News 28th Sep 2020

Above the law: How the FinCEN Files highlight the UK’s outdated corporate liability regime

Rose Zussman

Policy Manager

Rose joined TI-UK in April 2017 as the Advocacy & Campaigns Officer for the UK Anti-Corruption Programme. She is responsible for driving TI-UK’s parliamentary engagement, helping generate high-level support, and coordinating targeted campaigns. Rose previously completed an MSc in Applied Linguistics University of Edinburgh, where she researched political and legal language in various contexts. She is interested in promoting political transparency, open knowledge, and democratic engagement in the US and UK.

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The FinCEN Files, a major leak of banking data which provided a rare insight into the way banks report and act on suspicious activity, raise serious questions about whether and how large corporations can be held to account in the UK for money laundering and other economic crimes.

It is virtually impossible to prosecute complex multinationals for breaking anti-money laundering laws in the UK. This is because prosecutors must prove beyond a reasonable doubt that the ‘directing mind and will’ of the company – which for big corporates typically means senior executives and board members – both knew about and intended for a crime to occur.

 

While this might be relatively easy to prove for a small business, where those who run the company are also closely involved in its day-to-day operations, board members of the largest companies tend not to be directly involved in processing suspicious banking transactions or helping cook the books for anonymous shell companies.

This ultimately leaves large corporations above the law, where they can choose to turn a blind eye to criminal conduct by staff without fear of criminal prosecution. While the employees directly involved may still be charged, convicted and jailed, companies can simply hang them out to dry while continuing business as usual.

The UK’s leading fraud prosecutor has described herself as being “hamstrung” by the UK’s outdated corporate liability regime. As Solicitor General, the current Secretary of State for Justice Robert Buckland QC also decried weaknesses in current law, noting these “result in other jurisdictions holding British companies to account when ours has not”. Meanwhile, new revelations continue to come to light about the role of large corporate actors in the UK facilitating economic crime.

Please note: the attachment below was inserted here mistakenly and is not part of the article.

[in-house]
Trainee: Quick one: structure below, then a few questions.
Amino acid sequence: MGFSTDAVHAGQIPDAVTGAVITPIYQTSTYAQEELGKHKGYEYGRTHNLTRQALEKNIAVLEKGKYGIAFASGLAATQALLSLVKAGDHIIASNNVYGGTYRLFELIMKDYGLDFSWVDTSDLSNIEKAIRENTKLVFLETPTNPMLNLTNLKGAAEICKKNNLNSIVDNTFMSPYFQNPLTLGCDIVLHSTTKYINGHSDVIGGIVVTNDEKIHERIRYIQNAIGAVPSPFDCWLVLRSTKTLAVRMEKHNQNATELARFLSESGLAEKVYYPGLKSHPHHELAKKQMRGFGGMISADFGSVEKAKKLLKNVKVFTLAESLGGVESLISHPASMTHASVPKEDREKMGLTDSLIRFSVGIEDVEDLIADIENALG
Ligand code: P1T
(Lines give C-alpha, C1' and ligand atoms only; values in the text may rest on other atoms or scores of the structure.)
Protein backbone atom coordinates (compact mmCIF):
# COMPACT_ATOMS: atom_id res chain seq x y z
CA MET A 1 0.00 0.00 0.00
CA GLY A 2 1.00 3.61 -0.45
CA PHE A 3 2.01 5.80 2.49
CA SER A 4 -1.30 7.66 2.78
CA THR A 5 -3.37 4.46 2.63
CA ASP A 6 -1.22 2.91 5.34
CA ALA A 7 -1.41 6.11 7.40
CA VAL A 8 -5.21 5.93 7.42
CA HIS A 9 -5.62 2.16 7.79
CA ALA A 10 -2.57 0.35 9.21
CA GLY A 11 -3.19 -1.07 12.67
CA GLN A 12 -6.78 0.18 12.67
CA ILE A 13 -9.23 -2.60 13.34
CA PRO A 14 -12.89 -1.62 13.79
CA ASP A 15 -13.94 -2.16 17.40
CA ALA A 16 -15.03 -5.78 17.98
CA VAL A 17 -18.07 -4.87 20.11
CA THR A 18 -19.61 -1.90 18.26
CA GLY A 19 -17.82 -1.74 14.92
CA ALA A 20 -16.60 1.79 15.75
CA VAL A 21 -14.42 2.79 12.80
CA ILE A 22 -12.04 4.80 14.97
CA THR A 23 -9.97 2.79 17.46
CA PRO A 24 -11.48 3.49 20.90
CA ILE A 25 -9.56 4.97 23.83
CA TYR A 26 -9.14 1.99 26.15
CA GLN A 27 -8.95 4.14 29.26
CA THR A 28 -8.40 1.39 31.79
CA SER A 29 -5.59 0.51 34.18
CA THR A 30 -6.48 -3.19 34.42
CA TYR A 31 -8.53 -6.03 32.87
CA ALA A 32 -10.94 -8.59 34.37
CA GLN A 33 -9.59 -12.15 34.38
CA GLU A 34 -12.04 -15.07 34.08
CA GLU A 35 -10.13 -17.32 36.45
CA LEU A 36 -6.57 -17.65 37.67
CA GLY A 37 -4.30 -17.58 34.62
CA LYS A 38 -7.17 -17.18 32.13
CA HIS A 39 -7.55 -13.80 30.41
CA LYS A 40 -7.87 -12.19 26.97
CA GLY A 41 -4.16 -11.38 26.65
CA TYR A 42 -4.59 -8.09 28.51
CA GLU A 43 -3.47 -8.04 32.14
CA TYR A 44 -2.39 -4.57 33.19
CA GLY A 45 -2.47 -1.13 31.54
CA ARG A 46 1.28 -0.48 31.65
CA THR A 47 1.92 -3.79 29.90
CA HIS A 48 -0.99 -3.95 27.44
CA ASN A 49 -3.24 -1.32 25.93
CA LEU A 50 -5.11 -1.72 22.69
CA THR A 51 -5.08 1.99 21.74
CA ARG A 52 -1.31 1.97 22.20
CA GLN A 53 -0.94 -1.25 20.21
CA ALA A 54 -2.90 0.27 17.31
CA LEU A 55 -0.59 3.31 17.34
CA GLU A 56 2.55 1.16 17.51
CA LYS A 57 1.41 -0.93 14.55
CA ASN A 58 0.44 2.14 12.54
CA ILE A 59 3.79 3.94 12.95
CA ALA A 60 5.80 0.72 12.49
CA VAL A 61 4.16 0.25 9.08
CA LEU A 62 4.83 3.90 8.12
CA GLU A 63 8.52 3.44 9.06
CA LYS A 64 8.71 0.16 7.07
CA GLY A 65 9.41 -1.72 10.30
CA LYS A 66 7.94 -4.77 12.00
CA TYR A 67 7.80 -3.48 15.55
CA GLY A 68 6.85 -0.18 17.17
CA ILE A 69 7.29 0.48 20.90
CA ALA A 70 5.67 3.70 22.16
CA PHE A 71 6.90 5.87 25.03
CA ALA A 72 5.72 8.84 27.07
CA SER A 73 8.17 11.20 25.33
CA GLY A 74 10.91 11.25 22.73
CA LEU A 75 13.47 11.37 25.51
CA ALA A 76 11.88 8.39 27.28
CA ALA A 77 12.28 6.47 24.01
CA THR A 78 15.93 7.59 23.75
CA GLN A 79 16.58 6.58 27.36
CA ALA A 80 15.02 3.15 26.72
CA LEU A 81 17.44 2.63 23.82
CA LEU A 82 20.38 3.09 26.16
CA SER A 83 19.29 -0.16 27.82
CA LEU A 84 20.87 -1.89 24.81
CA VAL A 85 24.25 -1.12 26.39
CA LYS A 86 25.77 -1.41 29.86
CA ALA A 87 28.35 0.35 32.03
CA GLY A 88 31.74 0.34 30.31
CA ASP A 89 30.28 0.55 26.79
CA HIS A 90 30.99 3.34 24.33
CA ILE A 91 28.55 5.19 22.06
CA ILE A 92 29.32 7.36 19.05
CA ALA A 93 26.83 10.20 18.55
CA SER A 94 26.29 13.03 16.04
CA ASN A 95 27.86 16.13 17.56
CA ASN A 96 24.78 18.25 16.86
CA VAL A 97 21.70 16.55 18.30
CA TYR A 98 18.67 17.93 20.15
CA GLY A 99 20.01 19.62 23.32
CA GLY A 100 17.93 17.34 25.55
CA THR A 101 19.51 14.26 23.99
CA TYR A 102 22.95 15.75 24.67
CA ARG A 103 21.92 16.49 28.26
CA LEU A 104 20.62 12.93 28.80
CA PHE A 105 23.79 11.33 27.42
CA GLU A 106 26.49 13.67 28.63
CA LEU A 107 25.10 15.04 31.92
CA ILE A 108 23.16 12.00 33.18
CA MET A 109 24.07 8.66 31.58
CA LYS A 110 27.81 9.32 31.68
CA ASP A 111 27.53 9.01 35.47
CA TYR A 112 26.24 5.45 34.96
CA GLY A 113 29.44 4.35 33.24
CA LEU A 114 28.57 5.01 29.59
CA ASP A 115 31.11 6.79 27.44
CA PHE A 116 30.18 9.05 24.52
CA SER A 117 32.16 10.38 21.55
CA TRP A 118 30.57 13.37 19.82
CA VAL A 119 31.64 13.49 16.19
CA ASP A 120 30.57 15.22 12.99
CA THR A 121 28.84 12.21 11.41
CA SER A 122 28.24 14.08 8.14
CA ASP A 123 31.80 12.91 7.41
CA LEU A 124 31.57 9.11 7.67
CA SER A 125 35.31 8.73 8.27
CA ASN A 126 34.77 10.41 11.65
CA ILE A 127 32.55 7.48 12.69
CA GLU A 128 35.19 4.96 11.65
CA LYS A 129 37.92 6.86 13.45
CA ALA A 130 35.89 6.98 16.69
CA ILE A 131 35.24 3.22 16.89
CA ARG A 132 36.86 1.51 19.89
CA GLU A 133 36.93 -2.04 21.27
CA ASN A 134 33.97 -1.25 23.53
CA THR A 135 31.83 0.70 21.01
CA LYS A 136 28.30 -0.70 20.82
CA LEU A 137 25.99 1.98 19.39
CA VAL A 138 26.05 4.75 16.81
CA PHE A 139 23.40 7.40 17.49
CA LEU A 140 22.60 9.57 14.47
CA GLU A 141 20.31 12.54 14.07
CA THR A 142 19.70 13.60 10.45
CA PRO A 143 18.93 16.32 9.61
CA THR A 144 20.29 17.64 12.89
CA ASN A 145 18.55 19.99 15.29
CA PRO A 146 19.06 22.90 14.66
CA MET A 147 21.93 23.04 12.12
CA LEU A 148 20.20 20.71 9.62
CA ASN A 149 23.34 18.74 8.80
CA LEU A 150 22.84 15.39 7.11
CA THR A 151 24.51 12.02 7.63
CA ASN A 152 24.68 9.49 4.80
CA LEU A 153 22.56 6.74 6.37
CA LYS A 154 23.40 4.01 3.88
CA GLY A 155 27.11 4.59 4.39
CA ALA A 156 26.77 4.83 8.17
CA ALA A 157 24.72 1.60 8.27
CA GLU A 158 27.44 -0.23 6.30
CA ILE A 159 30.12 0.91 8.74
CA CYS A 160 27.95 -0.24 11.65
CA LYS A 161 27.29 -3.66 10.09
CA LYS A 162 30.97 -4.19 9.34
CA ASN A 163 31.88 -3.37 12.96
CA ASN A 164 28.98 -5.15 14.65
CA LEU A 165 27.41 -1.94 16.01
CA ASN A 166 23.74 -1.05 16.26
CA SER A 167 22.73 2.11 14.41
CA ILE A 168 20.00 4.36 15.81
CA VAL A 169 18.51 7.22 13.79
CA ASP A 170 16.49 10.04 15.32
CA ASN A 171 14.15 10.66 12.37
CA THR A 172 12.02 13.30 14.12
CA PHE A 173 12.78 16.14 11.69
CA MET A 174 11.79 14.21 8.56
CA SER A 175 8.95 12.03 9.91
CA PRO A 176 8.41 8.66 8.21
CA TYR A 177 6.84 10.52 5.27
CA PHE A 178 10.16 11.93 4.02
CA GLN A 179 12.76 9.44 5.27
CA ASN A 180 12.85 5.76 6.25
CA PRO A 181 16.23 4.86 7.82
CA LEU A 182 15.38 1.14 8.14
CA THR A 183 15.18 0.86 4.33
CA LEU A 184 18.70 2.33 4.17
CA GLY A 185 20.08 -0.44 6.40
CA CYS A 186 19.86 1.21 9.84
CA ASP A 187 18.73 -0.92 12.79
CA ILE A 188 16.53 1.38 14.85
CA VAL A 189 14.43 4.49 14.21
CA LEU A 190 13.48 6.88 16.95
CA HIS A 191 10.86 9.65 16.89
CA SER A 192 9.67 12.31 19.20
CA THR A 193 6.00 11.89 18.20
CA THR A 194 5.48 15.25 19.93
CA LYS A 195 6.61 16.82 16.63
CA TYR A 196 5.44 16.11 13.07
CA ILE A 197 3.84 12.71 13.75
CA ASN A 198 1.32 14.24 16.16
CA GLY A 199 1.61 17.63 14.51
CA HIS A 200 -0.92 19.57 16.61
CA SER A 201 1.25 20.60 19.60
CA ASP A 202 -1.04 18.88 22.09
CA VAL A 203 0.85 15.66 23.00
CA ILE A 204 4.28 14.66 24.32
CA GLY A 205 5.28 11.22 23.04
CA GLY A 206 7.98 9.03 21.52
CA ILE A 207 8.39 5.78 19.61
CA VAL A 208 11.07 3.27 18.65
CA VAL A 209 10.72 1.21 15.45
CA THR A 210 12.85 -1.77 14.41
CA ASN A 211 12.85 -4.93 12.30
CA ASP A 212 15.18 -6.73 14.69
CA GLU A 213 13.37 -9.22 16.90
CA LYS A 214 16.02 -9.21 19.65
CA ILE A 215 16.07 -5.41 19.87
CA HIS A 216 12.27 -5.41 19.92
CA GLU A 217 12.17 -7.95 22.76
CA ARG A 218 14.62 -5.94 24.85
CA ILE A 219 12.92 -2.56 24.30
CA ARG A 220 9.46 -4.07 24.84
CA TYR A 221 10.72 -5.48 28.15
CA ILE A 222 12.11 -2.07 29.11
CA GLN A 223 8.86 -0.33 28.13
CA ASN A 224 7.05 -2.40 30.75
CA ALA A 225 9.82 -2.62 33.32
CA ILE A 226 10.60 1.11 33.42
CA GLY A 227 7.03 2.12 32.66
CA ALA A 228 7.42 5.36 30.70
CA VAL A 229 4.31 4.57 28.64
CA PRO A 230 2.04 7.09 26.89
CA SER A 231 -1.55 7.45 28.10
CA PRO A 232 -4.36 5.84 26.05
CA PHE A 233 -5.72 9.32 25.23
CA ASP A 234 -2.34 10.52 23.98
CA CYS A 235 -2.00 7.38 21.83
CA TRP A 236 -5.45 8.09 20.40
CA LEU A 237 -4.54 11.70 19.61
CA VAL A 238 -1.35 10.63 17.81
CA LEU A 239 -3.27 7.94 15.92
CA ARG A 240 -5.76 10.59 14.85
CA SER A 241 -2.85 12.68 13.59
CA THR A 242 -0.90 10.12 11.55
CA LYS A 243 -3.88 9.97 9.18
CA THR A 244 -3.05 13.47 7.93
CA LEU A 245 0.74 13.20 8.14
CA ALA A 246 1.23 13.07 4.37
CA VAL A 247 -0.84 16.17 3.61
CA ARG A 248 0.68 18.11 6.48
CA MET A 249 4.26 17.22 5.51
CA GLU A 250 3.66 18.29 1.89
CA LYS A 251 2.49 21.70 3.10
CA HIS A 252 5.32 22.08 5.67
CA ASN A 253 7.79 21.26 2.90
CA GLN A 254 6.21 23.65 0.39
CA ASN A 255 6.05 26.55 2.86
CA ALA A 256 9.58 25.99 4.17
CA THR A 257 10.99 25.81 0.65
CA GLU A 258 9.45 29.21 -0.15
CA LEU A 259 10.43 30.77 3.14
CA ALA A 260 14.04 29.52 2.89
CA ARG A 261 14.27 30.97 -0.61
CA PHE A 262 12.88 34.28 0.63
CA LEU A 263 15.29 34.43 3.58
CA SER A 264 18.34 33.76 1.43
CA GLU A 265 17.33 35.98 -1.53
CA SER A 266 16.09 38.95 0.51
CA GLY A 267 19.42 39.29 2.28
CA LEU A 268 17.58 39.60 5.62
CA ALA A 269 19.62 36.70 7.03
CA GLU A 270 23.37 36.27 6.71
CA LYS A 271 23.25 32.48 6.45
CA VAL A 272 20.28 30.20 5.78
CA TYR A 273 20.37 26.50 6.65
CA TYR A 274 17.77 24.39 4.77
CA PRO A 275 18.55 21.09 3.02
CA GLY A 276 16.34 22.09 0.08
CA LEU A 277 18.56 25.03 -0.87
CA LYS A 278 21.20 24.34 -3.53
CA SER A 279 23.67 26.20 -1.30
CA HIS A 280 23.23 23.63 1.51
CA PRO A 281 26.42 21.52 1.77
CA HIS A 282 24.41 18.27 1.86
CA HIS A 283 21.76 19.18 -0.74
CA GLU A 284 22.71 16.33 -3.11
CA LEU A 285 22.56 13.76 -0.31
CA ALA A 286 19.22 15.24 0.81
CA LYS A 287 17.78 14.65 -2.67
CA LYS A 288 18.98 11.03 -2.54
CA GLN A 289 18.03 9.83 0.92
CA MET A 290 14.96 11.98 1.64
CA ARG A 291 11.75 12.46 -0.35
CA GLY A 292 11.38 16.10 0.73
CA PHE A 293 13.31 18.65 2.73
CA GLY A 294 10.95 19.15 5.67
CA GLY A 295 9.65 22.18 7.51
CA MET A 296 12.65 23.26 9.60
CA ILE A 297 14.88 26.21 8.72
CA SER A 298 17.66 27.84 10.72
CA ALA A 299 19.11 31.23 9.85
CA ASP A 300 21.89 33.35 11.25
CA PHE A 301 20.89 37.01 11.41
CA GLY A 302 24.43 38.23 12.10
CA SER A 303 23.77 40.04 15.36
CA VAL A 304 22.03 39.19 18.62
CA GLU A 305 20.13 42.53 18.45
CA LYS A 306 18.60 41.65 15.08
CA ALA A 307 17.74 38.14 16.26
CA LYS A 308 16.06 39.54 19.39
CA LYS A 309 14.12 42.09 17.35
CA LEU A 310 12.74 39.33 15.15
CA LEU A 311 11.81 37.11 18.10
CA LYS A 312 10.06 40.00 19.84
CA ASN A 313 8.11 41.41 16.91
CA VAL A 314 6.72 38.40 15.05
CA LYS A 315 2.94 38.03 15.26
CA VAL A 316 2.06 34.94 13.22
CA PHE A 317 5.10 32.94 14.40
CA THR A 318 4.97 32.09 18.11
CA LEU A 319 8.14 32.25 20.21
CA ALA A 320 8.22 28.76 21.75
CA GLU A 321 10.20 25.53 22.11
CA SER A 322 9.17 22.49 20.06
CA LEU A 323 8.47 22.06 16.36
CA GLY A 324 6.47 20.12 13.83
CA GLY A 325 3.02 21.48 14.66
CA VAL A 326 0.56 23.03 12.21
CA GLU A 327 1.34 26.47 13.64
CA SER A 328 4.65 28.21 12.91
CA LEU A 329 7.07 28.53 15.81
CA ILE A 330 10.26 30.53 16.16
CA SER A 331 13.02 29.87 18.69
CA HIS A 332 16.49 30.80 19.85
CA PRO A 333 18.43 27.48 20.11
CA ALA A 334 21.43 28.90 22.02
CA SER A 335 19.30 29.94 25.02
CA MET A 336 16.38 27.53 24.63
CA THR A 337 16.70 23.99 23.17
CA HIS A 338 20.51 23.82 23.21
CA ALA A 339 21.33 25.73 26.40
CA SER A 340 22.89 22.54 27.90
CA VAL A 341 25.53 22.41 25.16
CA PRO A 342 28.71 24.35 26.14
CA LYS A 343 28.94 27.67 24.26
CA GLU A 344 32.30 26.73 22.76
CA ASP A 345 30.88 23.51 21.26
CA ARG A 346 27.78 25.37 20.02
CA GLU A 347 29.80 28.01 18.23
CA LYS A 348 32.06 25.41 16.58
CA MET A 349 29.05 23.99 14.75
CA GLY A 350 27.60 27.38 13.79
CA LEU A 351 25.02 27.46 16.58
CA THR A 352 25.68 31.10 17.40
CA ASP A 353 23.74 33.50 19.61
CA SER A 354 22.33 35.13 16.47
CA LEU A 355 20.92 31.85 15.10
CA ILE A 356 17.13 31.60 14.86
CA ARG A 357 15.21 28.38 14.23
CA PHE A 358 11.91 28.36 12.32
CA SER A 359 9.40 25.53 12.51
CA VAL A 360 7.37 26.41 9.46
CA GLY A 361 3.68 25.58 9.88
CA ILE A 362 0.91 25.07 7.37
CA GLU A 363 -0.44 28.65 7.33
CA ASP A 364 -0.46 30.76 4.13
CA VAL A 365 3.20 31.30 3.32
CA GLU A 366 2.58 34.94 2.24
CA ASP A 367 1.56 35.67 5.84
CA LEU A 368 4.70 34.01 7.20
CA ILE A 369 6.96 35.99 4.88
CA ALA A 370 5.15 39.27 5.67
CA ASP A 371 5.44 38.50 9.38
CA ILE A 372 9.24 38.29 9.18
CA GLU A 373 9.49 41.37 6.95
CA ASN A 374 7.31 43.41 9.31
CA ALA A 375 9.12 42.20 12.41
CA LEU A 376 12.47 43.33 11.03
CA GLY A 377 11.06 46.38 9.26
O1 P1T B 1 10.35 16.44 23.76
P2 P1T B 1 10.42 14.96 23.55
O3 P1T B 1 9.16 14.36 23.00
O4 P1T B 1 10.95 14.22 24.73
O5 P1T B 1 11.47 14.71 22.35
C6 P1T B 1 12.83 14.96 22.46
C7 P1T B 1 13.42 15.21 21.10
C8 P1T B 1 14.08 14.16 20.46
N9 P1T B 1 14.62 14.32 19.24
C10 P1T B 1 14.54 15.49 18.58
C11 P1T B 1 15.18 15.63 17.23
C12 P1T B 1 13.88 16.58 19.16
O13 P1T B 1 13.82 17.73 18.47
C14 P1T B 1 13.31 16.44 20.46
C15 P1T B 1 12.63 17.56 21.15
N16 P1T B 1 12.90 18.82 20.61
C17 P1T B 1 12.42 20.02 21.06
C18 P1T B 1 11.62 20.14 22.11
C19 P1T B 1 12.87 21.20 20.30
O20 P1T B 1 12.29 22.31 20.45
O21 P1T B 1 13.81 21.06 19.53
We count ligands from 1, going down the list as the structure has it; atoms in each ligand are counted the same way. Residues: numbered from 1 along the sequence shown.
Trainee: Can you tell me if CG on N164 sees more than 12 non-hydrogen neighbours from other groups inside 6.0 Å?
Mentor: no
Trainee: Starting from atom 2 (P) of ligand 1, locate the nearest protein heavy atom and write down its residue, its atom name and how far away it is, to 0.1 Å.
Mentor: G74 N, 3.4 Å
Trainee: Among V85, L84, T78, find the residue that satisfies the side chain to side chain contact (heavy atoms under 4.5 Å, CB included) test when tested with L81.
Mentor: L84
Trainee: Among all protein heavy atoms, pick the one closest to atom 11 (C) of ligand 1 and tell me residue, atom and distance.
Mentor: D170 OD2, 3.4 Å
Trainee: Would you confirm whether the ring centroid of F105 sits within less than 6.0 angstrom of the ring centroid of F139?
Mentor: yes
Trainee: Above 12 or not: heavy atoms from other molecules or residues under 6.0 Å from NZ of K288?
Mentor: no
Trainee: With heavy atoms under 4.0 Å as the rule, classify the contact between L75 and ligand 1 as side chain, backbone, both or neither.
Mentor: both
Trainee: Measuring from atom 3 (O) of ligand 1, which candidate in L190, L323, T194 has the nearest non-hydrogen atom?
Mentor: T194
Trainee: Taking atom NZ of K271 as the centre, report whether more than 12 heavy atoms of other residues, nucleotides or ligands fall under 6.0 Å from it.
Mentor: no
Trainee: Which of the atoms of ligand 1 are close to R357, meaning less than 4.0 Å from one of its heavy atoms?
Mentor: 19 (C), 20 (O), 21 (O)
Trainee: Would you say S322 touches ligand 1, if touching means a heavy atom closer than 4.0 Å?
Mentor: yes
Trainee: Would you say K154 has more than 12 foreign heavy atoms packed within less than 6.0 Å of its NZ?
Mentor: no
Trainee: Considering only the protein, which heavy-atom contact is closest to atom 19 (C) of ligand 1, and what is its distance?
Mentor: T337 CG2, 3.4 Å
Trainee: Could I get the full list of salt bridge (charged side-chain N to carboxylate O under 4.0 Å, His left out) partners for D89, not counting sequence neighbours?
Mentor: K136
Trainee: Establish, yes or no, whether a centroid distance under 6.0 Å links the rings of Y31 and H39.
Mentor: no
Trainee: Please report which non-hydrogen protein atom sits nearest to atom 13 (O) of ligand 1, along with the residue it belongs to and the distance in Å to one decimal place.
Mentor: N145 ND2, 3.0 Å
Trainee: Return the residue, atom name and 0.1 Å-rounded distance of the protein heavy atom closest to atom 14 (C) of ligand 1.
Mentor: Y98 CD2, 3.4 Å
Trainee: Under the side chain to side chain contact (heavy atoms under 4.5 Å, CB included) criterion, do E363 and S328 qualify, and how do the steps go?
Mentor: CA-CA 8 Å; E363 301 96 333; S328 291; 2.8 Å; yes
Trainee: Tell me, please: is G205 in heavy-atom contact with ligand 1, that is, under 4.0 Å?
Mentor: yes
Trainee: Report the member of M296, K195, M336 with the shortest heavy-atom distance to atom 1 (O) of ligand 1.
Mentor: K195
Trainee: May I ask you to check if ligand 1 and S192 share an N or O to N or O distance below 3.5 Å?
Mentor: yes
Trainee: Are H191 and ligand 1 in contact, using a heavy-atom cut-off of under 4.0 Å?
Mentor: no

So, what needs to change?

Transparency International UK and other anti-corruption experts are seeking the introduction of a new ‘failure to prevent economic crime’ offence, similar to the current law on failing to prevent bribery, and asking the UK Government to send the issue of corporate liability more generally to the Law Commission for review.

A new criminal offence would:

  • Incentivise good corporate culture, governance and behaviour and prevent economic crime by providing a credible deterrent to wrongdoing.
  • Make it easier for companies of all sizes to be prosecuted for corporate misconduct (not just small ones) and in so doing create a more level playing field for law abiding businesses.
  • Complement the existing ‘tried and tested’ law on failure to prevent bribery.

The burden on business to ensure they do not fall foul of this new offence would neither be costly nor complex: companies are already required to have adequate procedures in place to comply with existing laws and regulations which are proportionate to their size.

In January 2017, the UK Government took a positive step towards making this a reality by launching a call for evidence on corporate liability reform, and invited groups including academics, business leaders, civil society and lawyers to make their case. However, that call for evidence closed in March of the same year. Ever since, Ministers have only publicly commented that they will respond to the call for evidence “in due course”.

As the FinCEN files highlight once more the damage money laundering is doing to the UK’s international reputation, it is high time we hold big corporates to account for turning a blind eye to economic crime.